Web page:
Oh- and thanks for the earlier post in the blog about using old storage boxes to protect your laptop/shield the light from its screen- worked a treat!
I’ve had a bit of an e-bay splurge over the summer and bought a few bits of kit, one of which has been a small ETX telescope for taking away with us (see earlier post) and another of which has been a little ZWO webcam type effort because… well, why not?
With the full moon out and not a lot of chance for DSOs I decided to spend an evening combining these recent purchases and looking at the moon, and I decided to see how the little camera coped on what should be an ideal target. Sam came out to join me and the little ETX was giving us really beautiful crisp sharp magnified views through the eyepiece. This, to me, is wonderful, and I can easily spend hours doing it- Sam liked it too, but wasn’t quite as fascinated.
So we got the laptop out and plugged the camera in and started looking at the exact same thing on screen- what a transformation! Sitting with the hand controller, controlling what appeared on screen, picking out the major landmarks and taking snapshots of it, he was in his element- he could not have been any more thrilled.
Without wanting to attach too much significance to one event and one child, I do think there’s a generation issue here. For me there’s something brilliant in the knowledge that the actual light my eyes are experiencing has travelled across space from the source of the object I’m looking at. But for younger people (and how much of an old git do I sound?), who are used to experiencing the world through screens and technology, this is what grabs them.
Some photos below to give you an idea of what we were looking at- they’re not the greatest as frankly I was having trouble getting anywhere near the controls!
After several weeks of either cloudy skies or work getting in the way there was an window of clear sky tonight. It was before proper darkness and a bit hazy too but beggars can’t be choosers…
Started off by lining up the scope and finders on Vega.
A quick sneak over to the Double Double, lovely and sharp in the 7mm
Down to the Ring Nebula. As was suggested to me, I’ve lengthened the tube of my reflector by attaching the plastic covers from a couple of document wallets with Velcro and this is helping a lot with contrast in my light polluted back garden. Even though the sky was a bit hazy, the Ring stood out as a lovely crisp..well.. ring!
And across to Albireo. Since the back end of the RAG mtg in May with Andy and Damian this has become a favourite target – I really love the contrasting colours.
Next up was M56 which is a new one for me. I managed to find it after a few sweeps between Sulafat and Albireo. It was a fuzzy dot in the 25mm, and a larger fuzzy dot on the 7mm! One to re-visit when the conditions are better…
M92 was lots better- was able to resolve 20+ stars around the edge in the 7mm- very pleasing.
And because you have to when you’re in that bit of sky, I took in M13 next. Always a joy… I find myself wondering if you were on a planet in that cluster would the sky look like Van Gogh’s famous Starry Sky painting? To quote Wikipedia “It has a densely packed central region, with up to a hundred stars populating a cube only 3 light years on a side. To illustrate: Alpha Centauri, the nearest star system to Earth, is just over 4 light years away. In other words, stars in the cluster’s core region are about 500 times more concentrated than those in our immediate stellar neighbourhood.” I think it would really be quite something…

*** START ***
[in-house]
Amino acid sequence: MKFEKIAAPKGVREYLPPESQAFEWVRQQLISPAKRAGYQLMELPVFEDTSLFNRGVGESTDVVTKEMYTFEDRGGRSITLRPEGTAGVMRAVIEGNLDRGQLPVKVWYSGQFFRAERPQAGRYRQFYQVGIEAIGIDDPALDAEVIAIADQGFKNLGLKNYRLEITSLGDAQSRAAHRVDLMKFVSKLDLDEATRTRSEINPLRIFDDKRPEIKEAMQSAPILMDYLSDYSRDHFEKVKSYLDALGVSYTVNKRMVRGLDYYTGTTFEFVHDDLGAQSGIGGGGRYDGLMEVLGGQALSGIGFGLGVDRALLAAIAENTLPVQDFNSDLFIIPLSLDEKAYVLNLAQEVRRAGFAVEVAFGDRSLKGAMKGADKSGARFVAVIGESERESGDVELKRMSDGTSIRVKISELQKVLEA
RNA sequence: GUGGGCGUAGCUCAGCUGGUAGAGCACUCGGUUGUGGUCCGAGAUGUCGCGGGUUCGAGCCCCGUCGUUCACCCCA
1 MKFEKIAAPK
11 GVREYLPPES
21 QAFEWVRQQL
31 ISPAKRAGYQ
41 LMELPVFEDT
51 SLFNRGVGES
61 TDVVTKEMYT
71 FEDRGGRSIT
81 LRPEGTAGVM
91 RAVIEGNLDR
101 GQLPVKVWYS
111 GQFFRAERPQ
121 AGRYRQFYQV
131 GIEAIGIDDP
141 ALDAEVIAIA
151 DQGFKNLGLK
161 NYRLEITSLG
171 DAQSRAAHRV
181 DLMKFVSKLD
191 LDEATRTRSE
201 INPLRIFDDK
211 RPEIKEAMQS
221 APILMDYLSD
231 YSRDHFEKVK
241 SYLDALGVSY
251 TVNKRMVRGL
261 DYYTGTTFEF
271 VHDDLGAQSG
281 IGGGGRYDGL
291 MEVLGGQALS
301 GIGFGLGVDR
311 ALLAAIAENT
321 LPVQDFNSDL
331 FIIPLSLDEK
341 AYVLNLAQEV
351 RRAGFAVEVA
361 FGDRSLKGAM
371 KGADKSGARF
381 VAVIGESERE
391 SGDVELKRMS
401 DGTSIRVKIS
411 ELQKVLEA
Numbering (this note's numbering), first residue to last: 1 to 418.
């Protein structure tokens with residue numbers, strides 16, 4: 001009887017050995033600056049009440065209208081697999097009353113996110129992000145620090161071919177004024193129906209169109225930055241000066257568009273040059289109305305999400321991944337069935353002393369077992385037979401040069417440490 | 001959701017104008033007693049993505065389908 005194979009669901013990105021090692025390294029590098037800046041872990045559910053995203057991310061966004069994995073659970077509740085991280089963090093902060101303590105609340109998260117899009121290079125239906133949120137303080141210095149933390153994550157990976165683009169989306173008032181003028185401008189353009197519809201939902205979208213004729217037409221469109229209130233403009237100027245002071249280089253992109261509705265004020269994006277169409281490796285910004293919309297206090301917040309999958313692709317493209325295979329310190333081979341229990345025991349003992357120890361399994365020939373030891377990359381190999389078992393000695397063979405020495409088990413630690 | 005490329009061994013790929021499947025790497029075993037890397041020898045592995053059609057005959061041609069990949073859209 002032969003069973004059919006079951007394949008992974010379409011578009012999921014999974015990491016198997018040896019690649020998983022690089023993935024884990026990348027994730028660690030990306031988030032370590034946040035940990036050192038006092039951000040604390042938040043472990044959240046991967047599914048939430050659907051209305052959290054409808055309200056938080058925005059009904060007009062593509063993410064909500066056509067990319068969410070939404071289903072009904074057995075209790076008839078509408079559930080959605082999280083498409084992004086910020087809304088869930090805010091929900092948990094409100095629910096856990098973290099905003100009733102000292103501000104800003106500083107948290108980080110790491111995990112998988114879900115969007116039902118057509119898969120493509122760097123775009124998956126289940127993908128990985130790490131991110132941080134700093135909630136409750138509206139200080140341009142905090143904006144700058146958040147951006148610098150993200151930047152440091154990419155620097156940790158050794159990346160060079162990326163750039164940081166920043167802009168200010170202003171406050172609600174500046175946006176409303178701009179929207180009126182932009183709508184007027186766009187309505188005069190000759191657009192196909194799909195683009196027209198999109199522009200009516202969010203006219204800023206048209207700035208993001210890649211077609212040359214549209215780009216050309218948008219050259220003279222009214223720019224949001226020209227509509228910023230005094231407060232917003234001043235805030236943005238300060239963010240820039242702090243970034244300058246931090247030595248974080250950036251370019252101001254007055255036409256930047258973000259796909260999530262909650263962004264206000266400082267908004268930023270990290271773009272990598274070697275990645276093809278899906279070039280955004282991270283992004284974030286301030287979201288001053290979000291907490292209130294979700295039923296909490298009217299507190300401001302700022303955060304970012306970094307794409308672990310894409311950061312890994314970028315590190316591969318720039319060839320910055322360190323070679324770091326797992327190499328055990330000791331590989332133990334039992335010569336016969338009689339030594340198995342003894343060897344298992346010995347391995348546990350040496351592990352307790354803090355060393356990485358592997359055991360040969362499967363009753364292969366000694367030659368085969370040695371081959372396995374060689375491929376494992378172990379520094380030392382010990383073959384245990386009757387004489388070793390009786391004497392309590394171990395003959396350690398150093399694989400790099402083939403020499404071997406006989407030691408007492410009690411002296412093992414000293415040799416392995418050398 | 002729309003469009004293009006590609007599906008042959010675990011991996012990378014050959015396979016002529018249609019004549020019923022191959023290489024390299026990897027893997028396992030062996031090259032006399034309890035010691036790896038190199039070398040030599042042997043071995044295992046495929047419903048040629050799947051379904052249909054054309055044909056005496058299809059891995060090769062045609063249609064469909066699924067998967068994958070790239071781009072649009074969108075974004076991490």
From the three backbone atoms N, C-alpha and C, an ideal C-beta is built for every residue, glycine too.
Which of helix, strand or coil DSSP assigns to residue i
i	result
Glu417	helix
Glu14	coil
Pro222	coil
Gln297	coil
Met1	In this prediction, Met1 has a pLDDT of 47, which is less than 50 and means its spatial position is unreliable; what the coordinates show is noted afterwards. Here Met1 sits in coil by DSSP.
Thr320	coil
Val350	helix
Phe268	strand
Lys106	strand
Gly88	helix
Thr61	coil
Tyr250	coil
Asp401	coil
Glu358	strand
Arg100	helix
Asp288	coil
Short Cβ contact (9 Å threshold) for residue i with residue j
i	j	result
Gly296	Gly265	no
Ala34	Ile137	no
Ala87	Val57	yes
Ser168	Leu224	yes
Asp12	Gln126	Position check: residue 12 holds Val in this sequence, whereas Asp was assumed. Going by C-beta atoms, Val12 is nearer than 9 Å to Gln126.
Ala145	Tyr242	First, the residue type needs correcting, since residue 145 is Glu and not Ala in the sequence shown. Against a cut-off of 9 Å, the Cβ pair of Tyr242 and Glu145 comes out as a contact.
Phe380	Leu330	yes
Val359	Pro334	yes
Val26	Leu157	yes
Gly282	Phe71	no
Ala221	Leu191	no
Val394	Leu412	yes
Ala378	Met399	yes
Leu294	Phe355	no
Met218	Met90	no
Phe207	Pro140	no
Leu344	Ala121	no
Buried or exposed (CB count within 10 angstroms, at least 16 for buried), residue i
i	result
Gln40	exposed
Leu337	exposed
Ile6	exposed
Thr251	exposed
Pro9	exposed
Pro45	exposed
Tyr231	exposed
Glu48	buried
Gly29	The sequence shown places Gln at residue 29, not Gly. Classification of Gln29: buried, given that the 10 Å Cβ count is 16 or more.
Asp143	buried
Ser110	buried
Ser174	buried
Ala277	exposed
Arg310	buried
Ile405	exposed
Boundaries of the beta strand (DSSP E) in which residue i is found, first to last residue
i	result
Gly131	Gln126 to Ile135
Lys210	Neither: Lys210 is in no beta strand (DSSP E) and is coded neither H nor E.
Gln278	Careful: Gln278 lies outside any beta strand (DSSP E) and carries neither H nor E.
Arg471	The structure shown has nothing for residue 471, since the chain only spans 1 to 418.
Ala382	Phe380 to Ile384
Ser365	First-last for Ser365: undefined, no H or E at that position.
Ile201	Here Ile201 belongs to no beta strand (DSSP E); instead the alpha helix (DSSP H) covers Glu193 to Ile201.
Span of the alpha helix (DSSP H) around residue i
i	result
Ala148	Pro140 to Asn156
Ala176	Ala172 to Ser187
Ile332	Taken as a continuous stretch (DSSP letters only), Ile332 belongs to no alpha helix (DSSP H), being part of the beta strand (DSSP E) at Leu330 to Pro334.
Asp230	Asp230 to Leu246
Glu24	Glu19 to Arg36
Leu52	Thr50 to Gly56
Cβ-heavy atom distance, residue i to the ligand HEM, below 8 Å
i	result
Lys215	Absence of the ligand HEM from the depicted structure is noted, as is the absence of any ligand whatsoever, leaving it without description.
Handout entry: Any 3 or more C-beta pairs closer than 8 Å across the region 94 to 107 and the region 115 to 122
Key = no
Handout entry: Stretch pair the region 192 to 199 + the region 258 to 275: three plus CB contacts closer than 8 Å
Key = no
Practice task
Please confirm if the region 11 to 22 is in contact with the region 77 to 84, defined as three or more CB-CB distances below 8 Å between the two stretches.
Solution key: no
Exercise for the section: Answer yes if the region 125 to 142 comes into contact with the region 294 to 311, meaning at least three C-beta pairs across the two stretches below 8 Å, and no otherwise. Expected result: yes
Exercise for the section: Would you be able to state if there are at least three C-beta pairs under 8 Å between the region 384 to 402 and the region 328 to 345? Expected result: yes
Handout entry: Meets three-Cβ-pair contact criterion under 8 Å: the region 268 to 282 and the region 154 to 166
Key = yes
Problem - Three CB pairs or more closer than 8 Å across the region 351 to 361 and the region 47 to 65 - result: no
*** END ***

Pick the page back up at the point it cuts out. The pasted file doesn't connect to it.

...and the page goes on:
I was left thinking about that, because at that point the clouds rolled in a merciful 1 hour later than forecast. Only 40 minutes observing time, but 6 targets and a real bonus when I wasn’t expecting anything.
We’ve had our last few summer holidays camping in France under wonderfully dark skies. As my interest in the night sky has grown I’ve wanted to bring my scope along- but as this would have involved deciding which of the children to leave behind, Mrs Leonard has said no! Inspired by what I’ve seen some of the club members achieve with much smaller scopes I found myself on eBay and eventually came away with a Meade ETX105. It has a nice sturdy mount with it, but with space really at a premium I was forced to use an alternative mount on this trip, otherwise known as a collapsible camping cupboard! It worked reasonably well, but rather lacks the heft and stability of the proper tripod…
Week 1 was something of a loss, with my not having accounted for the tall trees that covered the whole area, but one morning the moon did drift across the clearing our tent was pitched in and I ended up with a little audience of observers who came across from the playground to take a look. Also managed to get a couple of pictures…
Week 2 was rather better- the campsite was next to a busy road and rather light polluted, but a short drive to the beach (with Sam for company) solved that. The skies were pretty dark from 10pm onwards and once the scope was aligned we spent a long time looking at Saturn. It was noticeably higher in the sky than at home and the view was really clear and crisp in the 7mm eyepiece. It was only Sam’s second observing session so I spent the rest of the session teaching him the controller and looking at M13 Hercules Cluster, M31 Andromeda and M57 Ring Nebula. Hercules and Andromeda were bright and clear but the 4 inch struggled a bit with M57. The real highlight, though, was the great views without the scope of the Milky Way- clear and bright from out over the Atlantic 2/3 of the way across the sky to where the onshore light pollution washed it out a little. I’ve taken quite a few photos on various settings with the camera on a simple tripod and it’ll be a cloudy evenings project to try to turn them into something decent, but in the meantime a rather noisy jpeg is attached!